Lithium-air batteries were seen as promising in the 1970s as a potential power source for electric vehicles, offering energy densities that rival gasoline and far exceed conventional lithium-ion batteries. However, over the past few decades, scientists have been unable to overcome challenges in the practical application of this technology, including reversible charging and poor cyclability that lead to battery degradation after a few uses.
A research team from MIT, Harvard University and Cornell University has found a way to isolate and study an enigmatic molecule that may be responsible for the degradation of key components in Li-air batteries – superoxide. of lithium.
“The key to trapping lithium superoxide is to use a containment shell of quinone, a molecule used as an energy carrier in biology,” says Matthew Nava PhD ’17, lead author of a paper on the work, published recently in PNAS. Nava, who is now a postdoctoral fellow at Harvard University working in the lab of Patterson Rockwood energy professor Daniel G. Nocera, contributed to the work as a researcher in the lab of chemistry professor Henry Dreyfus Christopher Cummins, who is a lead author of the study; with Shiyu Zhang of MIT; Katharine Pastore and Kyle Lancaster of Cornell University; and Xiaowen Feng and Daniel Nocera of Harvard.
Like many discoveries, this one started as an accident. While a graduate student in the Cummins group, Nava noticed that lithium peroxide turned blue when it approached quinone, representing a rare color change of two reactive solids. Although they knew that the lithium superoxide intermediate must be present in this new material, this was difficult to prove, since the intermediate was buried in a highly colored, detonation-prone quinone shell.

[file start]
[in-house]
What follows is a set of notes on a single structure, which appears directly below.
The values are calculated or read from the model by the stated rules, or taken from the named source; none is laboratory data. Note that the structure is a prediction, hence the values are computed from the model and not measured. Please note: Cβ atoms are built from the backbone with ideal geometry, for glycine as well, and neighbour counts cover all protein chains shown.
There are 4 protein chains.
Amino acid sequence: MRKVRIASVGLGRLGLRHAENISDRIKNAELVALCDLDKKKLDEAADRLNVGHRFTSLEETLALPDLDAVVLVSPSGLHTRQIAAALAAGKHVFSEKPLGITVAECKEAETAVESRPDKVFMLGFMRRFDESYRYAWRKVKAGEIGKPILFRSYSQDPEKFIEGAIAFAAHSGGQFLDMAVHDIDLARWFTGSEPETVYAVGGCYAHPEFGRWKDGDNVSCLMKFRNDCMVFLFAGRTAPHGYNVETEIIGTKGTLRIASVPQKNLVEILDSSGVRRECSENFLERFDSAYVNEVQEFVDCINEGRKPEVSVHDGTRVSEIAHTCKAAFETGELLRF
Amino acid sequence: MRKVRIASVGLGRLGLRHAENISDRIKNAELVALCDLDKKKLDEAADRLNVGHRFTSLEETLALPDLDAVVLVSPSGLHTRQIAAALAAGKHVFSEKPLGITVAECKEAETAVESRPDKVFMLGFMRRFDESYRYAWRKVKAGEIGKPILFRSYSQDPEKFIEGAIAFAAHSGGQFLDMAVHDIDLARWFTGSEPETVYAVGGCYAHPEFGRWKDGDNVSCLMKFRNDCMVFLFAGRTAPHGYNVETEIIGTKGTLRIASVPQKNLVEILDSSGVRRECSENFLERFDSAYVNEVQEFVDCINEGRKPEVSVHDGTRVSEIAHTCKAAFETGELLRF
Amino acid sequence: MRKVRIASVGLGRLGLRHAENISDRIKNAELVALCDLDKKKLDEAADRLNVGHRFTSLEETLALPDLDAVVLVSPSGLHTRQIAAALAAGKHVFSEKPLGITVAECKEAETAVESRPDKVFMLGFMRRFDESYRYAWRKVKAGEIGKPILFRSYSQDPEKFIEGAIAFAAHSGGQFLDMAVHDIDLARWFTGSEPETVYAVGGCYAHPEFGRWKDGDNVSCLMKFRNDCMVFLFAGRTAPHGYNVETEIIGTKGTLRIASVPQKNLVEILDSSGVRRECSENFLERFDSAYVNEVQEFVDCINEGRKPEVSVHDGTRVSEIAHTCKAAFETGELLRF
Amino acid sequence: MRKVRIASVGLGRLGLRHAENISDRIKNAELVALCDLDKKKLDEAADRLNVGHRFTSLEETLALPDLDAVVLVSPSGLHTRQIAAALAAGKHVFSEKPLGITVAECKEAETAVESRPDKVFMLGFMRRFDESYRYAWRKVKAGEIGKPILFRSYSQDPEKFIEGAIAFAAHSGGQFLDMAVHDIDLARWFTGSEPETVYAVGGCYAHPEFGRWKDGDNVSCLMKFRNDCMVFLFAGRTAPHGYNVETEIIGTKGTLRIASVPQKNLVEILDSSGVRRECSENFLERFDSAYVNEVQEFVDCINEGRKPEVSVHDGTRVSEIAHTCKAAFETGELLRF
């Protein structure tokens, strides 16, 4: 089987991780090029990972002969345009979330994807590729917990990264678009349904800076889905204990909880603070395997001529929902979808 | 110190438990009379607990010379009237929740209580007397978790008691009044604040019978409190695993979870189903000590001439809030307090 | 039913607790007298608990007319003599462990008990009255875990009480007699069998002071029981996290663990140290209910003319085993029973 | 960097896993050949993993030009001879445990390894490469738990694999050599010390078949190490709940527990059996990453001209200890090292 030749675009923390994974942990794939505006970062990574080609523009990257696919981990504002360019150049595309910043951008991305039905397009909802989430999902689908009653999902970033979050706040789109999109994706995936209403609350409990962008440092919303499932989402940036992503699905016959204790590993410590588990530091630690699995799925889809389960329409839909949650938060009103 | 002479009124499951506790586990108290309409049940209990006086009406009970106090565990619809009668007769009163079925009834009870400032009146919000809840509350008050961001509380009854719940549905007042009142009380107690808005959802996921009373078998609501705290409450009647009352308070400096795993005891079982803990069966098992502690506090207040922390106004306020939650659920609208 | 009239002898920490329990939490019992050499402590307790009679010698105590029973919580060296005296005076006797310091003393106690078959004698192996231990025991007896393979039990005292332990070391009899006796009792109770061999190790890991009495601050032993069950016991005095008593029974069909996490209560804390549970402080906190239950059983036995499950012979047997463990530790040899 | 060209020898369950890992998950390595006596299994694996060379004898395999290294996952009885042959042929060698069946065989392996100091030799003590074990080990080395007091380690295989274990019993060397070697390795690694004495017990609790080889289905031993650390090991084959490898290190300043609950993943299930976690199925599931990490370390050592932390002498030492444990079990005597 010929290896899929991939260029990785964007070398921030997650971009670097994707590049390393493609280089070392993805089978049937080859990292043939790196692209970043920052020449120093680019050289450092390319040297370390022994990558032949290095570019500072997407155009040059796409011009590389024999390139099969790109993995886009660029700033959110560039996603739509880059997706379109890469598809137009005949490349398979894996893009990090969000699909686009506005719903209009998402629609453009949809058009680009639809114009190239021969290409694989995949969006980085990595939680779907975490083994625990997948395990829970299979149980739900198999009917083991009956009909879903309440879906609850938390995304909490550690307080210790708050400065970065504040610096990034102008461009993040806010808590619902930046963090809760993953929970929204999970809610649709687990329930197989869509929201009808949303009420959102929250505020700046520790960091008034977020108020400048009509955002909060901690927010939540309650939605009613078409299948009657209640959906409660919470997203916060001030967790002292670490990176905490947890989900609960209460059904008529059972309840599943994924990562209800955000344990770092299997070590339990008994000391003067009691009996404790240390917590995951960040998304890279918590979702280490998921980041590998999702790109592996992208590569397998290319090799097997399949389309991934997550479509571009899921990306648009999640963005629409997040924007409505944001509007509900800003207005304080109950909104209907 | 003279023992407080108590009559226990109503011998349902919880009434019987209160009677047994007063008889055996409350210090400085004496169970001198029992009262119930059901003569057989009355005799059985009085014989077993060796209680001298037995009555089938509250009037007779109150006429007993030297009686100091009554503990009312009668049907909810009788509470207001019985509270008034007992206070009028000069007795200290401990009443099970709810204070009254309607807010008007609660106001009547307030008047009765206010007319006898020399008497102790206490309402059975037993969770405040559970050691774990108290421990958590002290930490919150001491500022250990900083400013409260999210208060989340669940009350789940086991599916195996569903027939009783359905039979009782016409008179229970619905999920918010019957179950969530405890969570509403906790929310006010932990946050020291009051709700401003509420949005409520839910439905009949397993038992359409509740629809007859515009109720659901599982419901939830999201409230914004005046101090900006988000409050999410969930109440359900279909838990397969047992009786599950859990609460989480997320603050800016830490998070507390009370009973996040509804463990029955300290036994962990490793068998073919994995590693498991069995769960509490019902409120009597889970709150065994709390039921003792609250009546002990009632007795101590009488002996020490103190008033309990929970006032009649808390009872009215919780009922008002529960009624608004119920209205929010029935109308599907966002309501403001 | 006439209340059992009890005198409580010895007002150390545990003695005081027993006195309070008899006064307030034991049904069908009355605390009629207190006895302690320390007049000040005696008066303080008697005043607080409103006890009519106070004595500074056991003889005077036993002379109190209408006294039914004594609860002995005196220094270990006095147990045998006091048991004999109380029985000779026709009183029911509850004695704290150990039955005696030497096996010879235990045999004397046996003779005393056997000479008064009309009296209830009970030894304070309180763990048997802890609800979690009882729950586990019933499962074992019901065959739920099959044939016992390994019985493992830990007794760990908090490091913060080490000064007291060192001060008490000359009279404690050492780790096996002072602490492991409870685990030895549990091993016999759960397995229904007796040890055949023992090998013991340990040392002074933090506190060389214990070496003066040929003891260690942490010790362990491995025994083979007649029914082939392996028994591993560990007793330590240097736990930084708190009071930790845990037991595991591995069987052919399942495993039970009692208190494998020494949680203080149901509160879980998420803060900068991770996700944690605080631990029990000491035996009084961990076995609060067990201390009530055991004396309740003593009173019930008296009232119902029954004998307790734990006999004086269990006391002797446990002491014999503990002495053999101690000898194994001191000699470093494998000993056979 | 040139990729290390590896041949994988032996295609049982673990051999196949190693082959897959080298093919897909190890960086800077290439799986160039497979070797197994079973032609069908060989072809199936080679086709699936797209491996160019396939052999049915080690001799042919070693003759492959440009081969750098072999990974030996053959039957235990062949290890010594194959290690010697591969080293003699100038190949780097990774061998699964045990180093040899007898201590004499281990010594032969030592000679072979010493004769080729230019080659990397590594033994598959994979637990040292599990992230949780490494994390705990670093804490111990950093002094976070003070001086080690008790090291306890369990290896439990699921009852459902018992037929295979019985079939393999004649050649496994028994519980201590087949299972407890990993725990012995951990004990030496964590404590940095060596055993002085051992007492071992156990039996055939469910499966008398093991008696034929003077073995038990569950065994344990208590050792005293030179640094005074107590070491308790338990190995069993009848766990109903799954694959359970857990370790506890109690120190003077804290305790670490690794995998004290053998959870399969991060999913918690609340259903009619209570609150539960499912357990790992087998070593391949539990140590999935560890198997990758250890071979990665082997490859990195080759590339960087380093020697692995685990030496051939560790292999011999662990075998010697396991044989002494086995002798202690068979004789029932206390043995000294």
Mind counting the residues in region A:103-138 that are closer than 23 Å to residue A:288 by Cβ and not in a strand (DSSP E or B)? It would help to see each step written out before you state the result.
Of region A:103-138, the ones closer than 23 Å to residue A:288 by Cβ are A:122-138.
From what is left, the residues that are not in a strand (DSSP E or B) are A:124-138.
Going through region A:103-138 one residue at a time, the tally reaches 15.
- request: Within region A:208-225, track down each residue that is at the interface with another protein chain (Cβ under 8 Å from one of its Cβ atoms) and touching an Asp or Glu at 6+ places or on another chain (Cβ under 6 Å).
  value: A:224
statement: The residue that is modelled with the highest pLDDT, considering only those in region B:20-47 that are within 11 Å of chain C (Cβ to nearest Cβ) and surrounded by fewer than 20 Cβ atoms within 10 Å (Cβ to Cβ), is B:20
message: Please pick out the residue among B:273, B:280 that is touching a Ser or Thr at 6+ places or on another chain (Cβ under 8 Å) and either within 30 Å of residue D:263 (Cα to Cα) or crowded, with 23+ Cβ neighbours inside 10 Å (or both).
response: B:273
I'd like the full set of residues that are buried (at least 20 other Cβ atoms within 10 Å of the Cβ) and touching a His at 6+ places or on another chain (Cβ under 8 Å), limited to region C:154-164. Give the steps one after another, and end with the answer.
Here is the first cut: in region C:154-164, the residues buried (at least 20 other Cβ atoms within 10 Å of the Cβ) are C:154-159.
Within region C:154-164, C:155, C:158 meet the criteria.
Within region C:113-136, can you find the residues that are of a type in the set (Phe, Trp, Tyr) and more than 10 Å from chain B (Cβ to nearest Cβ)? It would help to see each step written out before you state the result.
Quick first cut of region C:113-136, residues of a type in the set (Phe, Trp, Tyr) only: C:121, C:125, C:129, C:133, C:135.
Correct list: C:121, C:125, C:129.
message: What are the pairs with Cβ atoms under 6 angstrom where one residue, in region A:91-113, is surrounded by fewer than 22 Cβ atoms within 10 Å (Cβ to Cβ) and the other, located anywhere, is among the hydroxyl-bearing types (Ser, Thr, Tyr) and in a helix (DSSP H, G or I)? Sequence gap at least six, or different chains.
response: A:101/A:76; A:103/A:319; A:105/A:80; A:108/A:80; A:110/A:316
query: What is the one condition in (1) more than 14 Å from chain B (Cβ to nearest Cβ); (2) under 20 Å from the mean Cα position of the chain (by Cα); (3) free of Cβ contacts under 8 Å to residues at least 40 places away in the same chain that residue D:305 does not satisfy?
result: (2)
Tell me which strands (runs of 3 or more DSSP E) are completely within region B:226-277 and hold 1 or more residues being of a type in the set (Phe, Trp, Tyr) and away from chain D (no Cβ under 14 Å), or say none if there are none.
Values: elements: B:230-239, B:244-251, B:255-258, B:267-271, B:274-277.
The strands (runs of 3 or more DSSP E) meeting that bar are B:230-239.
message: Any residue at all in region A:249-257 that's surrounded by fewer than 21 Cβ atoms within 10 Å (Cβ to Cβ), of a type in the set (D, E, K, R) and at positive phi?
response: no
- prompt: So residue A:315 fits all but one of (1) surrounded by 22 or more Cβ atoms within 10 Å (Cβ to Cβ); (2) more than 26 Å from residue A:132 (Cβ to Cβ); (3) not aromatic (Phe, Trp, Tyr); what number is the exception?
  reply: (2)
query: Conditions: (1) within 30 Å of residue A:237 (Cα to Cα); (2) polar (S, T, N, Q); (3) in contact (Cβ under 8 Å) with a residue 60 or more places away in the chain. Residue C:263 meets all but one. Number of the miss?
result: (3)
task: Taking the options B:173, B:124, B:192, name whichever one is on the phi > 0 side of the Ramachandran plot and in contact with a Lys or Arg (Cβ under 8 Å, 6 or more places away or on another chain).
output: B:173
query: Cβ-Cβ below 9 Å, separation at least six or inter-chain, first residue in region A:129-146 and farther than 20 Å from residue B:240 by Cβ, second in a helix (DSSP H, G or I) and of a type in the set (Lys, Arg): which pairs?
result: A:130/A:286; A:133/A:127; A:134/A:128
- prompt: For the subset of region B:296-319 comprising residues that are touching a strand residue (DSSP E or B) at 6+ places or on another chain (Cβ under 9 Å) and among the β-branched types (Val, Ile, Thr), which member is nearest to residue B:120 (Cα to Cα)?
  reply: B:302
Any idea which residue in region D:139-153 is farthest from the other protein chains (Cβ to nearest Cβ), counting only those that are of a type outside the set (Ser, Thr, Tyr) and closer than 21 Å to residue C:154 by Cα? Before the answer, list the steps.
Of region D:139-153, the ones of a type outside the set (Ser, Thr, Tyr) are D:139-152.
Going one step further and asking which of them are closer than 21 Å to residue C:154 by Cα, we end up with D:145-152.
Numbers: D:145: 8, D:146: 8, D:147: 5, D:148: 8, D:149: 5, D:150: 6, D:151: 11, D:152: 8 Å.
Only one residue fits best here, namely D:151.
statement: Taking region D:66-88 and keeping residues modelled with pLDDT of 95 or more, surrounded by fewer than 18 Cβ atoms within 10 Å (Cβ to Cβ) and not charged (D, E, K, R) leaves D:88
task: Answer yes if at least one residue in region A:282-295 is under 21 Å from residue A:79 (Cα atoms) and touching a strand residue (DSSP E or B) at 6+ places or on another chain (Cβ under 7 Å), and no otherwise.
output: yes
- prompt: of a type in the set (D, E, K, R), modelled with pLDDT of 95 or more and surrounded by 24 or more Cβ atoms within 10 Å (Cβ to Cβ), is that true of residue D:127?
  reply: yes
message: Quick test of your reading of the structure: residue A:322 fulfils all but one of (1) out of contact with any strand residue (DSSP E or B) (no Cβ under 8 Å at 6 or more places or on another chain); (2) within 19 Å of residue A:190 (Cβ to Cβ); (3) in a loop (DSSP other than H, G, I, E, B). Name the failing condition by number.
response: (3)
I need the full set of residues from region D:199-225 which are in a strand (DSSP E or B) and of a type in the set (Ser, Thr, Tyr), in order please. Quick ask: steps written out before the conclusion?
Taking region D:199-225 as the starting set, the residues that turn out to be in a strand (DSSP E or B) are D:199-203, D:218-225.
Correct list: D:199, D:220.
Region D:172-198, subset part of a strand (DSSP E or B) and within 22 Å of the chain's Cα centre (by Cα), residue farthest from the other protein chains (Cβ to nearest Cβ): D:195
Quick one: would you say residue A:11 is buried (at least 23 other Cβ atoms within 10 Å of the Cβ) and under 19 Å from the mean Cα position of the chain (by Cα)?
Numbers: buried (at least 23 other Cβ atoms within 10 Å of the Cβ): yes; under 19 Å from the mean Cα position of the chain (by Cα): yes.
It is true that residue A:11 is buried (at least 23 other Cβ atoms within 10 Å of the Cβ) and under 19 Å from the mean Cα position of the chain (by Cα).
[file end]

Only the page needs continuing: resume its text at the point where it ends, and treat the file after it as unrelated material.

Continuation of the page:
Lithium-air batteries operate by transferring electrons from a large surface area cathode to oxygen gas during discharge, generating deposits of lithium peroxide, the crucial storage material for this class of batteries. Lithium superoxide, formed during charging and discharging, is too unstable and short-lived at room temperature for scientists to study reliably; thus, being able to generate and stabilize this crucial intermediate is an important step towards the development of a viable lithium-air battery.
“The limited cycling [of li-air batteries] indicate that our understanding of the metal oxides that form the energy storage unit of these batteries is incomplete,” explains Nava. “This work demonstrates how encapsulation or physical confinement with specific materials could be a powerful method to prevent electrolyte and cell degradation in these batteries and increase cell cyclability.”
As the world slowly transitions to renewable energy sources, the intermittency issues and challenges of converting renewables into usable fuels must be addressed. Batteries may play a crucial role in the need for reliable and efficient energy storage, and this discovery may have provided a vital key to pave the way forward.